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Re: pterosaur femora sprawl

Why not? If they are...(even upside down) they are! Don't expect them to walk bipedally though.

I don't consider resting pose to be a gait. When I use the term bipedal I refer to running or walking. So yes, bats hang in a "bipedal" fashion. But, since is is not a locomotor gait, and given that the hind limbs are not adapted to bipedal walking, I find your assumption that "bipedalism" was important for flight evolution in bats a bit odd - if you're correct about the "freeing" of the forelimbs, then only having them freed while sleeping seems insufficient.

Bats are civets. So are Ptilocercus and dermopterans, according to cladistic analysis. They haven't been tested against each other yet in dna tests.

According to your phylogenetic reconstruction, yes. But there are several competing cladistic analyses. You admit yourself that molecular support has yet to be gleaned - what if that differs?

No problem there. Same with humans. Same with 19 lizards capable of bipedalism. Same with pterosaurs. I have no doubts that Sharovipteryx and Longisquama bellied up to some tree trunks too.

Ah, but even facultatively bipedal lizards actually use the hind limbs for a true gait (ie. sprinting). Maybe pterosaur ancestors did the same thing - I'm not saying they didn't (though I see no reason to assume that they did, at present). However, I doubt that bat ancestors did.

BTW, don't forget, bats climb with their thumbs -- also a departure from tetrapod norms. So, probably secondarily adopted.

Actually, I suspect the departure comes from the lack of use of the other four fingers in climbing. Same effect, different polarity.

In fact, bats have
essentially arboreal limb proportions and structural strengths
(especially pteropodids): they are quantitatively like suspensory
primates in the forelimb structure from the shoulder down to the wrist.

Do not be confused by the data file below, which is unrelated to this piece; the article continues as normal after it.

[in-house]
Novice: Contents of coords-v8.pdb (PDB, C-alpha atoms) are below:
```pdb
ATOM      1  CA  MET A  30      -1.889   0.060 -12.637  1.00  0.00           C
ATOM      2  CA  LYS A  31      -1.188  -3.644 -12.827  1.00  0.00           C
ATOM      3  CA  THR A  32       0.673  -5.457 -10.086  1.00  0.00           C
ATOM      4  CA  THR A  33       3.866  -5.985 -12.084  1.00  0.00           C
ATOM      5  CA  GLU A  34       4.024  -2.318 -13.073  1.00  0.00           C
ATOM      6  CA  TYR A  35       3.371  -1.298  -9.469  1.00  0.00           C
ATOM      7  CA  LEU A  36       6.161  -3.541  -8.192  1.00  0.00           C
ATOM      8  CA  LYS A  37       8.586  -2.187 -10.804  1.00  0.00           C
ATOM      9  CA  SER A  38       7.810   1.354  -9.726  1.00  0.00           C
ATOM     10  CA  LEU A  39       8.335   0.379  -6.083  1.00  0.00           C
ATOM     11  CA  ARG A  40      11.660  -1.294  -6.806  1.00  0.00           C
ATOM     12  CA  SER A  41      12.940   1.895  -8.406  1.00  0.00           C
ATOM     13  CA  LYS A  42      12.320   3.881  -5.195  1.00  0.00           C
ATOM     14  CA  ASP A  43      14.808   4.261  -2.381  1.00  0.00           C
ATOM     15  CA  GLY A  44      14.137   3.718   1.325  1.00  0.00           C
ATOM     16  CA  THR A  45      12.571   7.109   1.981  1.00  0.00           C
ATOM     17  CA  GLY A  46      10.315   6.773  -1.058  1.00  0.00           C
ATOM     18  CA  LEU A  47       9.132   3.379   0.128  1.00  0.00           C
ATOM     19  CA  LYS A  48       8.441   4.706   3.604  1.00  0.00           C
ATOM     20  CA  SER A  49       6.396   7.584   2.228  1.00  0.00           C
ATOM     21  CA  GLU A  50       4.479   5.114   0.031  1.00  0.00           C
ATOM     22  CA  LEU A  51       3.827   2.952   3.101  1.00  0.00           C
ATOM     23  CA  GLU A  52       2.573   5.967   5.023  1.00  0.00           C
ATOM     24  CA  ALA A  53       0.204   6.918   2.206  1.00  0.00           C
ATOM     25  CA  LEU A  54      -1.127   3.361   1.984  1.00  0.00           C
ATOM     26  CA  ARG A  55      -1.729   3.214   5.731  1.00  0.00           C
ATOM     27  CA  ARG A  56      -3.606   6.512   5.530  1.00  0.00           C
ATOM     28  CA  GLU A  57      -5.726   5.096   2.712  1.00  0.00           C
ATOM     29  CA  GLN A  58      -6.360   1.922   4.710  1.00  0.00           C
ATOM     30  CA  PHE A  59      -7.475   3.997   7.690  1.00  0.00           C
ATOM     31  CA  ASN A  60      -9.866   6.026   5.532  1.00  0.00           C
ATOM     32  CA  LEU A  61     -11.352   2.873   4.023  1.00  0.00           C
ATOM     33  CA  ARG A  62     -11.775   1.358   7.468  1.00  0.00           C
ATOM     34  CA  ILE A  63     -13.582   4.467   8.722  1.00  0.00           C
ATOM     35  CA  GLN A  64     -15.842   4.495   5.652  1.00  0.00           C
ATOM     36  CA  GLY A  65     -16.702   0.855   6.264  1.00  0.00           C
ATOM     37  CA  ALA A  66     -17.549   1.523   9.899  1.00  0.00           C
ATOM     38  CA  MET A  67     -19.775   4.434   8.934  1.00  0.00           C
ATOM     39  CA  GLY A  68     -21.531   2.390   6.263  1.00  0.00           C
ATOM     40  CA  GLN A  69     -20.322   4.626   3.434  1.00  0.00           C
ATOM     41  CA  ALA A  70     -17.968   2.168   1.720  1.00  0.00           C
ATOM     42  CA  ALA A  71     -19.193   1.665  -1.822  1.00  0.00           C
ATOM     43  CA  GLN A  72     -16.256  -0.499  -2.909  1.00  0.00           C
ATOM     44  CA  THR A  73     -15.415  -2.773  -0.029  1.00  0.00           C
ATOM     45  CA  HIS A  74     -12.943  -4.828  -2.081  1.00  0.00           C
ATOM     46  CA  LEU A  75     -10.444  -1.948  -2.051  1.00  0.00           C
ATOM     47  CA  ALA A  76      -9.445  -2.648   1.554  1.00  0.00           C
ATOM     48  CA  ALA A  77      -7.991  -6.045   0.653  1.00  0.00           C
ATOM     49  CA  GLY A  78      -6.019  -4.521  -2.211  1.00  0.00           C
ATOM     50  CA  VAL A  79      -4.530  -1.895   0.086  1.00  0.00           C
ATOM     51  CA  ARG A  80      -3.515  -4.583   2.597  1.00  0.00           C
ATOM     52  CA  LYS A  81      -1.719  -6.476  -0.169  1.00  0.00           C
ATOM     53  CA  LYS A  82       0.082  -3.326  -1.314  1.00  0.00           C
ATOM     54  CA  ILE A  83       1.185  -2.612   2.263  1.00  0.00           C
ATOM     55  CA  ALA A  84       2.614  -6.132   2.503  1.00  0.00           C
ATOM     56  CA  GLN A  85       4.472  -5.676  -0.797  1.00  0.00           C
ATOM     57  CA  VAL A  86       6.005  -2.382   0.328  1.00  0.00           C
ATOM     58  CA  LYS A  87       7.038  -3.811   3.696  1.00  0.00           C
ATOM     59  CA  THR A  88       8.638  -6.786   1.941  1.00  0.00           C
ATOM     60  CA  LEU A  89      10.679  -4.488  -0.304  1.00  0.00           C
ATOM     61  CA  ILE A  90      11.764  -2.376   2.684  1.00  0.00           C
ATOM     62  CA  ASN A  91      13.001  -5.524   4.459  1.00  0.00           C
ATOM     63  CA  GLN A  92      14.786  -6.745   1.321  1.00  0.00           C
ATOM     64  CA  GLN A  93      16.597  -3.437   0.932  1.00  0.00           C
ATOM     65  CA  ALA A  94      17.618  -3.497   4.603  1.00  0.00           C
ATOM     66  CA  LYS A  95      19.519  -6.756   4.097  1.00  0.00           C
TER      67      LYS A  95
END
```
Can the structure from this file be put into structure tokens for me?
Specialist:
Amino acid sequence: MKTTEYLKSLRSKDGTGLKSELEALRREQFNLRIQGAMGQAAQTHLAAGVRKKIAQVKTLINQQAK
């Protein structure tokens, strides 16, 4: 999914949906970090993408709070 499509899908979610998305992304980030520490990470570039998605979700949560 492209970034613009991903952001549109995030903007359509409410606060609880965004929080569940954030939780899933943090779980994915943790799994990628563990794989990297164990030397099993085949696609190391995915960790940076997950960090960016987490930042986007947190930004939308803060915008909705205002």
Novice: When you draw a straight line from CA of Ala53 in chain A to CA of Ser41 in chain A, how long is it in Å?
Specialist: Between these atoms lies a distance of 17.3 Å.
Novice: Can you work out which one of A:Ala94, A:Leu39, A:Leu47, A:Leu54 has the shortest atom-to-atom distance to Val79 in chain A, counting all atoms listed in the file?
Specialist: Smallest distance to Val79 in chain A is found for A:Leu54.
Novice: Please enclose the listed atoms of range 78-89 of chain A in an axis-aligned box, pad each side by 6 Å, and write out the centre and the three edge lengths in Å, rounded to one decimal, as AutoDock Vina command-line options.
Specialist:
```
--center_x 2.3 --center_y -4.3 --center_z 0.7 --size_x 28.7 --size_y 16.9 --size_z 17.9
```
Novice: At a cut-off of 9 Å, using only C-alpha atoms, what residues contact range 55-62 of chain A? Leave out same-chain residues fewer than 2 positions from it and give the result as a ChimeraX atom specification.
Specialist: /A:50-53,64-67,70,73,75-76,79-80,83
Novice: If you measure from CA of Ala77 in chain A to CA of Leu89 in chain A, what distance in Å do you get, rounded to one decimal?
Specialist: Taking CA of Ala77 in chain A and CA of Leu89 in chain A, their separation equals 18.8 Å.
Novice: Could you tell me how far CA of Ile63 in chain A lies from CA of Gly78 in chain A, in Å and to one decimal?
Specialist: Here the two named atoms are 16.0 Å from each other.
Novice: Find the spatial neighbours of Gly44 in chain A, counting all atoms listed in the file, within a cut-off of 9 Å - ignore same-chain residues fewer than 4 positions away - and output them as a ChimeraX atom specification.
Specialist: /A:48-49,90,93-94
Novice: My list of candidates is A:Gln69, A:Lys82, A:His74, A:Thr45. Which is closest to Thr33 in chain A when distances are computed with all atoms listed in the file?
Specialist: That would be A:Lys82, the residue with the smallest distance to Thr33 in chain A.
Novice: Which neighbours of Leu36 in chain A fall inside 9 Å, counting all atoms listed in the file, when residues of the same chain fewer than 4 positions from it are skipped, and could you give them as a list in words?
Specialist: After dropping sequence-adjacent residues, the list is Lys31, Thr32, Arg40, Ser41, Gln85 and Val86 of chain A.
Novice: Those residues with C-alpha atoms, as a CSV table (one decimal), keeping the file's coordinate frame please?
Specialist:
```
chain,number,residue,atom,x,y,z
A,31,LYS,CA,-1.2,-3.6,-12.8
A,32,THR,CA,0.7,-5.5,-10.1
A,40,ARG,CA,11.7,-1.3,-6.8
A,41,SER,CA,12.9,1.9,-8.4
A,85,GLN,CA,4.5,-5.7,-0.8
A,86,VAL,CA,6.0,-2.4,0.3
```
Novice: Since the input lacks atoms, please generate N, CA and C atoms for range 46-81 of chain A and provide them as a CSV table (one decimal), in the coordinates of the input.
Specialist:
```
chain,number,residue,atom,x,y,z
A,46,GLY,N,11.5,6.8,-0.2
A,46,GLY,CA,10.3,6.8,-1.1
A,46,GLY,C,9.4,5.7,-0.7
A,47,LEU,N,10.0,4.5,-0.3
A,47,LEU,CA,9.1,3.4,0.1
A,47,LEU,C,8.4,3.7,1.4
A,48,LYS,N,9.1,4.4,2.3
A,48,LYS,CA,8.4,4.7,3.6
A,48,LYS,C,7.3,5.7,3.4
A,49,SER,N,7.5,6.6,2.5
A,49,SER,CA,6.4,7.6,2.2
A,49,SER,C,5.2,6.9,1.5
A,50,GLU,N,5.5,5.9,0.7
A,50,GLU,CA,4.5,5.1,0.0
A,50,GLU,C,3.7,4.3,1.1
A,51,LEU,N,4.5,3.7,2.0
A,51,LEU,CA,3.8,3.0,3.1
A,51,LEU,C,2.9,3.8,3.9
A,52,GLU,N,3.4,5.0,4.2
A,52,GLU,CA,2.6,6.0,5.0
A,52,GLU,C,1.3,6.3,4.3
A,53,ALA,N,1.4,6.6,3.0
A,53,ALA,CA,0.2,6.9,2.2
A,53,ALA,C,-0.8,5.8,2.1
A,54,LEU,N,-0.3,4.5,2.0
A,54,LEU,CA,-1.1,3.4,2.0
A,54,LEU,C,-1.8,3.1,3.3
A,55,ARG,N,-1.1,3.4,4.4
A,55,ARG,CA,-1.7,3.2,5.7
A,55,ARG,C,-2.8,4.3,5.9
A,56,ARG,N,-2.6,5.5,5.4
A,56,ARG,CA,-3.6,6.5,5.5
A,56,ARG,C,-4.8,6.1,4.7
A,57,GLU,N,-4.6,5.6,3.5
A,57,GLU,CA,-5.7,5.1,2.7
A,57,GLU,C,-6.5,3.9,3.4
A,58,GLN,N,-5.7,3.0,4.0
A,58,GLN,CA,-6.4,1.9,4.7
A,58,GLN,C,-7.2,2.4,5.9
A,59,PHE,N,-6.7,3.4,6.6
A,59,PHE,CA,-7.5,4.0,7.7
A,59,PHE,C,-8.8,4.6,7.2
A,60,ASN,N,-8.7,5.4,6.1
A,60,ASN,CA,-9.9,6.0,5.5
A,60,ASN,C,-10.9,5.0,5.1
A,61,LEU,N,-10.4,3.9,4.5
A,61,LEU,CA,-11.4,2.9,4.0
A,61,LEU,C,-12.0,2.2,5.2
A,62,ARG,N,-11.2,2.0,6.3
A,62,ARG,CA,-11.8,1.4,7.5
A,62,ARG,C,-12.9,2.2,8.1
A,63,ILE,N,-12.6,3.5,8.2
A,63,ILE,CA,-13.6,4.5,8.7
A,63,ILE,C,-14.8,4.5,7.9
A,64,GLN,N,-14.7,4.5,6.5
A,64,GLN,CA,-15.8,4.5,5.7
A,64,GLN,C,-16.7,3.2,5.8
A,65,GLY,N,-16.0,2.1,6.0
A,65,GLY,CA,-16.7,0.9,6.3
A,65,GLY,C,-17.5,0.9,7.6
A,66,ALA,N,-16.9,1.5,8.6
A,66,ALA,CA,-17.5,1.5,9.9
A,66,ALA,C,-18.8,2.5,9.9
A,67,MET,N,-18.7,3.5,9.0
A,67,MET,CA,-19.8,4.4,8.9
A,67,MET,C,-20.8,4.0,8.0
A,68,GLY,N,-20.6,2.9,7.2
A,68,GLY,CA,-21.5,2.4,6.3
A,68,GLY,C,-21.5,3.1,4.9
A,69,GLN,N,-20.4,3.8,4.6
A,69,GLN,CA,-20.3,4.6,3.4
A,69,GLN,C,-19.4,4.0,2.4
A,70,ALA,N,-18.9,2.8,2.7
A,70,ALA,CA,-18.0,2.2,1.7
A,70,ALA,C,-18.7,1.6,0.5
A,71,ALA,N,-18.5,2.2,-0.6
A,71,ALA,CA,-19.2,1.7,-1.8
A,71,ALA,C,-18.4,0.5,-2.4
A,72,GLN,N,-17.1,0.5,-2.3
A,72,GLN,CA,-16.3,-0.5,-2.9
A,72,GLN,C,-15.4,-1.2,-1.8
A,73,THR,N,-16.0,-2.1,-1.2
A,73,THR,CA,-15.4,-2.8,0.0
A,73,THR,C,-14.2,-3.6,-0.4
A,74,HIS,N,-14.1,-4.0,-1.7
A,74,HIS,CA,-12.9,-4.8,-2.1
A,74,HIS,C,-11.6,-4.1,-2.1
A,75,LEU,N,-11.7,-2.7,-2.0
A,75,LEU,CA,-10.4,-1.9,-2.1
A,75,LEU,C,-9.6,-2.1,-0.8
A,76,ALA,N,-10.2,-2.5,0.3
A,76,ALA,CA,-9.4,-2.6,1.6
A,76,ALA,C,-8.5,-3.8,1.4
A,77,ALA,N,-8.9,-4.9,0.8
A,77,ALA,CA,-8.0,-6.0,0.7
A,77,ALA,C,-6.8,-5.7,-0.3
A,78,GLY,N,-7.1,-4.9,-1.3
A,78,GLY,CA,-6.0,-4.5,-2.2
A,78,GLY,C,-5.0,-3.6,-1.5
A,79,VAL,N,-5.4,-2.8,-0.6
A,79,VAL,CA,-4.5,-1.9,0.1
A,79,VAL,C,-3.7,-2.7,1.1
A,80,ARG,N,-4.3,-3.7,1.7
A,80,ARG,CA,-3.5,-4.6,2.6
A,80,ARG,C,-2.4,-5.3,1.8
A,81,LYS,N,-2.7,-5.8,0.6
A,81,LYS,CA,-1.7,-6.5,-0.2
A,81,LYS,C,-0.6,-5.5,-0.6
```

No problem. So are humans.

Humans actually walk bipedally, though. My resting position is laying down, but I wouldn't say that I share a gait with squamates. Again, I agree that the hanging adaptations in bats are important, I just fail to see why they are necessary for the evolution of wings.

Not true. Sharovipteryx, a pterosaur relative, would disagree with you. And when you repair the pterosaur stance, aligning all the axes, bringing them back into more typical tetrapod configurations, then you'll see the shoulder glenoid is aligned above the toes, as in birds, the pelvis is elongated, as in birds, the tarsus has a nice trochlea, as in birds, and you'll see that pterosaurs, especially the early ones with short metacarpi, were fully capable of hind limb launches.

True, a small pterosaur could facultatively launch bipedally. However, I see no reason to expect that this was their normal mode of launch. Quad launching would be more effective for them, and their structural scaling patterns demonstrate that quad launching is the more likely standard method for nearly all sizes of pterosaur - thought it only becomes the obligate state at large sizes.

.Bennett followed von Huene is proposing a hind limb leaping arboreal origin for pterosaurs. That has not been disputed in print.

True. Note that animals can leap quadrupedally, though, and this has little effect on his overall model. I think hind limb leaping was assumed because the bipedally launch model has been intrenched for a while.

I know J. Cunningham is fond of the forelimb launch in Q. but he or anyone else has yet to put a storyboard together on how this happens. I'm curious as all get-out to see it too. Not saying it doesn't happen, but if so, it was not the ancestral way.

Jim is not alone in this; I have a paper in press on the structural evidence for quad launch in pterosaurs, and have more on that in the works (he and I came to the same conclusion, separately, through different means some time ago). I'm not sure what you mean by "storyboard", but if you mean the launch kinematic, then Jim actually has worked it out, as have I (though Jim worked it out in more detail, and prior to myself). Quad launch was almost certainly not limited to Quetzalcoatlus. The structural strength ratios, body size trends, walking stance, muscle builds, and trabecular bracing of pterosaur long bones all indicate that most species quad launched as the primary take off dynamic. Small species could facultatively launch bipedally, if need be, but quad launch would be more rapid and efficient. I suspect, therefore, that quad launch was basal to pterosaurs proper. That said, if the nearest relatives of pterosaurs do turn out to be bipedal, then it may be that the ancestral state (in the stem group) was bipedalism, as you indicate. At present, I am not convinced that this must have been the case, and if it was then the switch to quad walking/climbing and launching occurred very early in pterosaurs.

Are you referring to branch support methodologies?

Yes and beyond. Whatever you want to throw at them.

Fair enough. In that case, what branch support algorithms have you used so far? What sort of nodal support do you get? Have you done any sort of sensitivity analysis regarding character assignment/use?



Michael Habib, M.S. PhD. Candidate Center for Functional Anatomy and Evolution Johns Hopkins School of Medicine 1830 E. Monument Street Baltimore, MD 21205 (443) 280 0181 habib@jhmi.edu